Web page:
Steve Drizin You know, when I read about this crime, it just gutted me. My reaction was visceral. There's a level of depravity here that shocks the conscience.
Laura Nirider Police couldn't bring themselves to believe that someone from their own community would have done this. So they started investigating outsiders. Pretty soon, police caught wind of a rumor about a 19-year-old who'd just arrived in Robeson County to visit his mom. The local high schoolers thought this new kid might have killed Sabrina, because, according to them, he looked weird. That new kid's name was Henry McCollum. Even though his mom lived in Robeson County, Henry had grown up in New Jersey with his grandma. Henry had been diagnosed with intellectual disability when he was really young. For years, he attended a special school, but he failed a bunch of grades anyway and eventually dropped out. School wasn't Henry's strong suit, but obedience to authority was. He'd never been associated with any kind of crime. With nothing more to go on than a high school rumor, police go to Henry's mom's house. And on the evening of September 28, they bring Henry in for interrogation. Three police officers questioned him for more than four hours, all off camera. So we don't know everything that happened in that room. What we do know is that some of Henry's interrogators were familiar with the crime scene. They knew all the information that a killer would be expected to describe. Sometime around 2:00 a.m., the interrogators emerged from the room with a confession that named Henry as one of Sabrina's assailants. It had been written out by the cops. Henry had signed it at the end in oversized letters that looked like a child's handwriting. According to Henry, as soon as he wrote his name on the last page, he looked up at his interrogators and said, "Can I go home now?"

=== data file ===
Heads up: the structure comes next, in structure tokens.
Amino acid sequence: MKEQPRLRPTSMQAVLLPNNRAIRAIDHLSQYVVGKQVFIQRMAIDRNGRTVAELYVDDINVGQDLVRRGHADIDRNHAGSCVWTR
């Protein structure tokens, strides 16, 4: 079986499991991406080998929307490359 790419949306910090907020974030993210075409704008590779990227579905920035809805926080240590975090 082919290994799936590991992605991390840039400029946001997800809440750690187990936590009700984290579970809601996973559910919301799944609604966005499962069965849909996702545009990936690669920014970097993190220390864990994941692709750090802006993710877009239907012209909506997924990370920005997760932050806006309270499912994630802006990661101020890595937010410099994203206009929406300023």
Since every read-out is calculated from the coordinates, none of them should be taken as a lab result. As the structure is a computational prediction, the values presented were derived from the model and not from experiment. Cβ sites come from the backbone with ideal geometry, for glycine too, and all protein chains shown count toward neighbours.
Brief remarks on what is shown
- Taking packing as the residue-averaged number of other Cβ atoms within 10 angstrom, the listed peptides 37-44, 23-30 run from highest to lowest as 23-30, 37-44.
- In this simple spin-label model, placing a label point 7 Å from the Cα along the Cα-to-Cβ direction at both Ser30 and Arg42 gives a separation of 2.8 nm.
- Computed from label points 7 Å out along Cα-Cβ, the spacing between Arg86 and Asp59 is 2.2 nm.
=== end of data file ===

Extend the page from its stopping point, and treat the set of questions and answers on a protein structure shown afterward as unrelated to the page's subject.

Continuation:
Vernetta Alston I think Henry is a very kind person. He's a very thoughtful person.